So you are moving to Japan

A country of proud tradition, tranquil countryside and futuristic cities.

Well, before you start here are our 10 top pieces of information for expats:

  1. Japan has a history of deterring immigration however it is still home to about 20,000 Britons and more than 50,000 Americans.
  2. Japan experiences a variety of climates throughout the country. The northern end is in the subarctic zone and has bitter winters and considerable snowfall whereas the southernmost islands have a more tropical climate. Typhoons may affect areas of Japan but seldom strike Tokyo directly; however, September can bring occasional heavy rains and strong winds to Tokyo.
  3. The Japanese concepts of inside/uchi and outside/soto define the Japanese approach to life. Foreigners, whether Asian or Western, will find that they are soto or gaijin – literally outside person
  4. If you plan to work for more than 90 days and be paid in Japan, you will most likely require one of the various types of working visas issued by Japan. These visa should be obtained before you leave your home country
  5. Japanese is the official language and is spoken by all the population. The study of English is compulsory in junior and senior high schools but fluency varies.
  6. Policies by the Japanese government and central bank are set to support this rise with increased expenditure on infrastructure, the devaluation of the Yen and a program of quantitative easing.
  7. Japan has a population of about 127 million people 80 percent of which live in urban areas. A staggering 45 percent of the population are found in the three major metropolitan areas of Tokyo, Osaka, and Nagoya; making Japan one of most densely populated countries in the world.
  8. Japan’s currency is the yen (¥).
  9. Japan’s economy is the third largest in the world with a GDP worth nearly 6tn. It is the world leader in electronic goods, including production of seemingly ‘futuristic’ technologies such as Robotics.
  10. Japan is a stable democracy and experiences little civil unrest. It has engaged in a number of territorial disputes with China in recent years but there has been little violence between the two nations.

    Since the tsunami in 2011 the country has recovered well but there is still an exclusion zone around the Fukushima power plant.


Once you are settled, explore the wonders of Japan as it is a truly beautiful country and a great place for friends and family to visit!

Register with us FOR FREE to access comprehensive information about Japan, including the following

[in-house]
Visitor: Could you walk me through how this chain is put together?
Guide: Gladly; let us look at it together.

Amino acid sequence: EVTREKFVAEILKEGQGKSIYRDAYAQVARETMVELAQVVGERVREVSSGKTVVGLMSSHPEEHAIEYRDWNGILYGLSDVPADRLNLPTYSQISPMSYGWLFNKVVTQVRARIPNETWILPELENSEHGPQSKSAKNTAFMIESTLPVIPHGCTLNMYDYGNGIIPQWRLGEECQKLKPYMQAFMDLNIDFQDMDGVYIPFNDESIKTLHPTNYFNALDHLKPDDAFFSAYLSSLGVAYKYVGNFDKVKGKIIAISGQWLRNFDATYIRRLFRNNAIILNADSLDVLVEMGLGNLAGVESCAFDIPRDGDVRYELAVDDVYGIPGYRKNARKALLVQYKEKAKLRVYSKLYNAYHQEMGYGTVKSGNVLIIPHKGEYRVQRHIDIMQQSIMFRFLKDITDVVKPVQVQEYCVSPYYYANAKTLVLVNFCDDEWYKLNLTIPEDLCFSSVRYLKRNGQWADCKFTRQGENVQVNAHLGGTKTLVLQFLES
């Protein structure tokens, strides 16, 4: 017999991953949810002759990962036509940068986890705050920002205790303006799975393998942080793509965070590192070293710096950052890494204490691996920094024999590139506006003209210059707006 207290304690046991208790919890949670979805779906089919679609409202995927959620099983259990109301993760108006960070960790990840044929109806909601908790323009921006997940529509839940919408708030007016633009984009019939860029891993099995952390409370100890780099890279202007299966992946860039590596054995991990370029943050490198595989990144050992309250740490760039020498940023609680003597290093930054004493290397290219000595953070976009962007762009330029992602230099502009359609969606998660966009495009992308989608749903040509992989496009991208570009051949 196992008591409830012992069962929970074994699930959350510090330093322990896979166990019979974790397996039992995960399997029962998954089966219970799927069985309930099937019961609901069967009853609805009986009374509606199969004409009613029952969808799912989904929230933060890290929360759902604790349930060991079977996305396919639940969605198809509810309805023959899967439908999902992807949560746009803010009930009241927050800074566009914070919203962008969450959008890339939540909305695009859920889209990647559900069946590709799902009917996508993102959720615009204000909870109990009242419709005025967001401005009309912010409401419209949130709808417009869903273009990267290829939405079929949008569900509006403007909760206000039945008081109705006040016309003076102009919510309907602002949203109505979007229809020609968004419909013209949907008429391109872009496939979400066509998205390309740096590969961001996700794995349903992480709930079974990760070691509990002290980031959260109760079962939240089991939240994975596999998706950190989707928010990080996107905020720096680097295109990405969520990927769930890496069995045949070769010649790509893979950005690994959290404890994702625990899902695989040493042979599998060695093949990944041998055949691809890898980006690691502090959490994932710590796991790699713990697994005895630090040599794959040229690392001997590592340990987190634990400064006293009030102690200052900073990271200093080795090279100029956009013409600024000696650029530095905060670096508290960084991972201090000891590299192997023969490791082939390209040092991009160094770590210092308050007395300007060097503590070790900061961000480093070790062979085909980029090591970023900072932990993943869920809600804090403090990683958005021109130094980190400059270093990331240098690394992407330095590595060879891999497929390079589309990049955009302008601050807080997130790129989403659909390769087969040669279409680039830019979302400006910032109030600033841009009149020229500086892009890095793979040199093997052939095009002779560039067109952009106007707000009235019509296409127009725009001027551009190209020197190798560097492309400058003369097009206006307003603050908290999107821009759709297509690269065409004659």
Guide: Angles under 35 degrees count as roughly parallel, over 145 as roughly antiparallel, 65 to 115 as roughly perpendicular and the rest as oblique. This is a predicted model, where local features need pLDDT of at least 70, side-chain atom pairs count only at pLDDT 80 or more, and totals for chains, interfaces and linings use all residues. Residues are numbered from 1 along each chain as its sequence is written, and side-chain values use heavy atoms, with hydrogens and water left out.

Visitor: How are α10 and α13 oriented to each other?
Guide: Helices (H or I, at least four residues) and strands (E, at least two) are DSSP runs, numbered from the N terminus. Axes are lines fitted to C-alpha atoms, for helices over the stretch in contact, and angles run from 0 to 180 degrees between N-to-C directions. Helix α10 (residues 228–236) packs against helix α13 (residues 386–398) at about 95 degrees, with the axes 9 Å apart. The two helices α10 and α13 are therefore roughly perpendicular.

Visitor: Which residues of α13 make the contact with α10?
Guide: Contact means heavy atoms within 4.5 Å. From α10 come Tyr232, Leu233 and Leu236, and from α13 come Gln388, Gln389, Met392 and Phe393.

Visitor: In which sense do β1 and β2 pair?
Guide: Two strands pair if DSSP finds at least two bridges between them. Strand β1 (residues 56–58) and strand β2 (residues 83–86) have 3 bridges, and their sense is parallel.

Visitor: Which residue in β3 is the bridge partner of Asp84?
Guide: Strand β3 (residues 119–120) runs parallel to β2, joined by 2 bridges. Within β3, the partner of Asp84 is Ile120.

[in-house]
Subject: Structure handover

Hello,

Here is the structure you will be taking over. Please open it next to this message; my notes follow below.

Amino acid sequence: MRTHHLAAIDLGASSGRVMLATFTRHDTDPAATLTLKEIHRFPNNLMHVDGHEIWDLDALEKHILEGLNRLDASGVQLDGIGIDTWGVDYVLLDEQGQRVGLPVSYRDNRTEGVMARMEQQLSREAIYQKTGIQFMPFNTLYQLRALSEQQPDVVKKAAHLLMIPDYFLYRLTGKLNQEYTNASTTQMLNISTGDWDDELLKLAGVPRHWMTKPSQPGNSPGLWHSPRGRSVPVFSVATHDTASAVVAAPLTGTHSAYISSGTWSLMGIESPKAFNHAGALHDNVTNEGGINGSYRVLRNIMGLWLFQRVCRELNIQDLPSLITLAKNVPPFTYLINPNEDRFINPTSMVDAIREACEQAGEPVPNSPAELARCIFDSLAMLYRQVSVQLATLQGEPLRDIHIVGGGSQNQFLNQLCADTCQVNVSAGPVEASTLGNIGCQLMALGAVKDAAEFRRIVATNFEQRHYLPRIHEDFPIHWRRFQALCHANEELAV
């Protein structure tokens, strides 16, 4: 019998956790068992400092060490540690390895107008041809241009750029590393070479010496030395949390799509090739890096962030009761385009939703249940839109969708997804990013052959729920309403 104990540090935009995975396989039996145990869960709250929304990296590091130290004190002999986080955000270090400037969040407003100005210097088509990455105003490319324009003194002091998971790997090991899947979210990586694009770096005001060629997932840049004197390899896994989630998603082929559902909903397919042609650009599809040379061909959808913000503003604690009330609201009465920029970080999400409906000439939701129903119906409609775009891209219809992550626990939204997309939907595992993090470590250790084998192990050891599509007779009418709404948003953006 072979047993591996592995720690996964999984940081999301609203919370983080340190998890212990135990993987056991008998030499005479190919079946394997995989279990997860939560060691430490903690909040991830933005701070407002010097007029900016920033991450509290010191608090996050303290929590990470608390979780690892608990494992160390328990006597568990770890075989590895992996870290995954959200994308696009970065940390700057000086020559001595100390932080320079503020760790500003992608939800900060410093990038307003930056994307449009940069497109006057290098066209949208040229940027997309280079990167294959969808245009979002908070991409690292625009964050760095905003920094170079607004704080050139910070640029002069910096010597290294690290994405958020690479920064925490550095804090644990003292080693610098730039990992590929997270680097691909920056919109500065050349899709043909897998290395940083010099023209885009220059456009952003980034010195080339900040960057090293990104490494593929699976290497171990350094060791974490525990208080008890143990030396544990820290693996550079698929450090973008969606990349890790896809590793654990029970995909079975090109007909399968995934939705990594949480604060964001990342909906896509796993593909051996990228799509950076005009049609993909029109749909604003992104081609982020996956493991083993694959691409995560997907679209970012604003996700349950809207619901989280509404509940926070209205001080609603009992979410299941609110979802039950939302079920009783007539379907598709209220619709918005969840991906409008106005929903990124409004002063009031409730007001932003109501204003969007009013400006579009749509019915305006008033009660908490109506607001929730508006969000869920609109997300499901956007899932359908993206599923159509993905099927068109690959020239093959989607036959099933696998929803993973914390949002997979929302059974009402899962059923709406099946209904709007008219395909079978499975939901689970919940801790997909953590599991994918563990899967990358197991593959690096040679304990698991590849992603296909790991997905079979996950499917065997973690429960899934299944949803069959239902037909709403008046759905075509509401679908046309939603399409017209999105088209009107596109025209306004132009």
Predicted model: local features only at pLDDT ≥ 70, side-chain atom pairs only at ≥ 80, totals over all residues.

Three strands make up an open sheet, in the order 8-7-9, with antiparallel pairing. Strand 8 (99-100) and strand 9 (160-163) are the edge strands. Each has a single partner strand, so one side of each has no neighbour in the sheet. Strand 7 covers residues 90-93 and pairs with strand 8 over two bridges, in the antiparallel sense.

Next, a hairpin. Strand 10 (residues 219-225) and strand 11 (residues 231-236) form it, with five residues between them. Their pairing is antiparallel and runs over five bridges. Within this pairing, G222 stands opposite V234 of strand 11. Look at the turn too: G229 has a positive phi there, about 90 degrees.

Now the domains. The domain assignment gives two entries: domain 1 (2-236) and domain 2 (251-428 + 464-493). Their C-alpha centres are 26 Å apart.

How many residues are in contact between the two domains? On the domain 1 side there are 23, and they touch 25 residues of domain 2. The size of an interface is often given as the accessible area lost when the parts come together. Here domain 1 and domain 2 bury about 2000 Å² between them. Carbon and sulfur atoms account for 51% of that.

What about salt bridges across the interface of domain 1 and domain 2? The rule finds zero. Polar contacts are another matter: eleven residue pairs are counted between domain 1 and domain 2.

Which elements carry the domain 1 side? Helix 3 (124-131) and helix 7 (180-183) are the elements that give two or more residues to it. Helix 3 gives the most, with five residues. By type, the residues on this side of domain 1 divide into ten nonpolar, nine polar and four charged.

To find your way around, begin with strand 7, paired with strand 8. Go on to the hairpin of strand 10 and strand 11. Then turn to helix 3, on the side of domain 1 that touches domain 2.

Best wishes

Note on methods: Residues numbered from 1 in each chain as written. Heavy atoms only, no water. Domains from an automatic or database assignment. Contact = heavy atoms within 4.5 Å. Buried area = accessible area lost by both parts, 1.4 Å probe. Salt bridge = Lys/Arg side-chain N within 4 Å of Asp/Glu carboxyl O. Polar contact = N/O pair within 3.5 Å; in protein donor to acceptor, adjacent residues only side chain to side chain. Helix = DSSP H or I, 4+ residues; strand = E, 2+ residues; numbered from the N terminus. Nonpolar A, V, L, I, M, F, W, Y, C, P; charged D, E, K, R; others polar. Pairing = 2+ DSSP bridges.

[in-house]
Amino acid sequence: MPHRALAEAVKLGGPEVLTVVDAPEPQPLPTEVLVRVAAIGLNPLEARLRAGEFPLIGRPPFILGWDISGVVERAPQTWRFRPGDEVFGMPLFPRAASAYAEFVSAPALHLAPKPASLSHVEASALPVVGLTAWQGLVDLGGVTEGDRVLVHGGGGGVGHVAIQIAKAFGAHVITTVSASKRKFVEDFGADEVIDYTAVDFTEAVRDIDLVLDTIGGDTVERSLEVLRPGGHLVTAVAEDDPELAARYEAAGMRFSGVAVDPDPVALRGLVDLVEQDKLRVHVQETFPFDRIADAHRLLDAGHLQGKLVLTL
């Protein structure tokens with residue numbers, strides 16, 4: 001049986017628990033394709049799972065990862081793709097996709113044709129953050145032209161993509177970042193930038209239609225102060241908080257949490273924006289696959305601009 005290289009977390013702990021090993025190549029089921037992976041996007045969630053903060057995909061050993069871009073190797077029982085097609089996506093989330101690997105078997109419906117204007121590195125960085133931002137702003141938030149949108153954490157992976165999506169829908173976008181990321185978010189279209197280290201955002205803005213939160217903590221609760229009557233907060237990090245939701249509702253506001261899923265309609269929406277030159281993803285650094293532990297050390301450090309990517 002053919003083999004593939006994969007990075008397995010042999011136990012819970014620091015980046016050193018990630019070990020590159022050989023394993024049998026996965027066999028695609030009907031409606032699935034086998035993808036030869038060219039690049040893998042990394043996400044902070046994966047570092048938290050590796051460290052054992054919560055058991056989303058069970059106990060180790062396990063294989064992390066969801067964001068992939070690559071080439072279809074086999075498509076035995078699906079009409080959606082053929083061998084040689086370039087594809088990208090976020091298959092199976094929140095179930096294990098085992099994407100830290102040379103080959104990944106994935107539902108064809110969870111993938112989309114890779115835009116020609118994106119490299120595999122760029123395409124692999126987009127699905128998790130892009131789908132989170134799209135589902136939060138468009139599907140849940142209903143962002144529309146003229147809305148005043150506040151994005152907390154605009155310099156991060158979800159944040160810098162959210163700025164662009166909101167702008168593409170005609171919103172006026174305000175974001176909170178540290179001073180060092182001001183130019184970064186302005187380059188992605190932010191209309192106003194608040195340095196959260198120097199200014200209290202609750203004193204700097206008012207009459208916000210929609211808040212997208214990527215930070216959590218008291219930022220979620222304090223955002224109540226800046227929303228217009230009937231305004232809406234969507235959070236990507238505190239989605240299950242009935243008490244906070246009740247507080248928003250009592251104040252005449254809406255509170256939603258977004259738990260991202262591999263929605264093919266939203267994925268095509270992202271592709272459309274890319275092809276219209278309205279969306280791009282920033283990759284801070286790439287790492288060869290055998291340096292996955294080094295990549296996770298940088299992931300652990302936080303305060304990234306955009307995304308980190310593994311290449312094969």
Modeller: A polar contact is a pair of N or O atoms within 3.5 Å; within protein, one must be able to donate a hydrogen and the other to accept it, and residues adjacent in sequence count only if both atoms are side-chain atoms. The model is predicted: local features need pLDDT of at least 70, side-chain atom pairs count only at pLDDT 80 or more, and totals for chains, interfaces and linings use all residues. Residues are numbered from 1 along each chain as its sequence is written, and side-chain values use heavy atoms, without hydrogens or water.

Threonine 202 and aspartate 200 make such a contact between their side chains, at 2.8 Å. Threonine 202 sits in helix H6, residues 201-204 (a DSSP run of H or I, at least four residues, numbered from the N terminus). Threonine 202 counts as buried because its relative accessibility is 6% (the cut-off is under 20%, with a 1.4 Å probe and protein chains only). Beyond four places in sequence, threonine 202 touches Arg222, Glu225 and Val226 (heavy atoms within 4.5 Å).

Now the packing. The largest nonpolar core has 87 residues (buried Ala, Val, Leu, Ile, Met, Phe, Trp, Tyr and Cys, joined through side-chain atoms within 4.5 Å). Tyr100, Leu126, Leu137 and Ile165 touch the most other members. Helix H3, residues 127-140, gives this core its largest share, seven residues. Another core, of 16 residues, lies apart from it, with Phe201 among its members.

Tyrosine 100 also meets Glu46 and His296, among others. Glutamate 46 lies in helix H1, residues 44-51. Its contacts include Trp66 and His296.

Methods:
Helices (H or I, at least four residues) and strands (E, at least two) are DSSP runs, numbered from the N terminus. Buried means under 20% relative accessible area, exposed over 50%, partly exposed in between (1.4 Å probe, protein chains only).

Moving to Japan: Passports and Visas
For foreigners staying in Japan longer than 90 days, you and each member of your family over the age of 16 must register to obtain a residence card…

Moving to Japan: Climate

The northern end of Japan is in the subarctic zone and has bitter winters and considerable snowfall. Conversely the southernmost islands have a more tropical climate…

Moving to Japan: Buying a property

Due to Japan’s house prices most foreigners rent rather than purchase housing…

Whether renting or buying, using serviced apartments can give you time to find the right property.

Moving to Japan: Moving household goods

Household goods and personal items that do not accompany you as baggage but arrive in Japan within six months are exempt from taxes if shipped with the correct form...

Moving to Japa: Choosing a school

If attending local schools student may notice differences in the rapport among students, eating lunch in a classroom versus a cafeteria, and having to clean the school after classes are finished for the day…

Moving to Japan: National health care

All long-term residents of Japan, including foreigners, must be enrolled in a health insurance plan...

Moving to Japan: Everyday living

Rice is essential, both spiritually and physically, to Japanese food. The Japanese classify food into two categories: ’gohan’ – rice, and ‘okazu’ – everything else…

Moving to Japan: Social environment

Japan remains an insular society, open to new technologies but somewhat cautious with foreigners. However with 1.9 million foreign residents there are lots of opportunities for socializing with other expats …

Moving to Japan: Social customs

While not practiced formally today, Confucianism is a foundation of Japanese culture and behavior. Confucianism stresses harmony of relationships; respect for rank, authority, and age; and loyalty to the group. The individual must be willing to work for the benefit of the group…


For more register with us FOR FREE or follow the links above.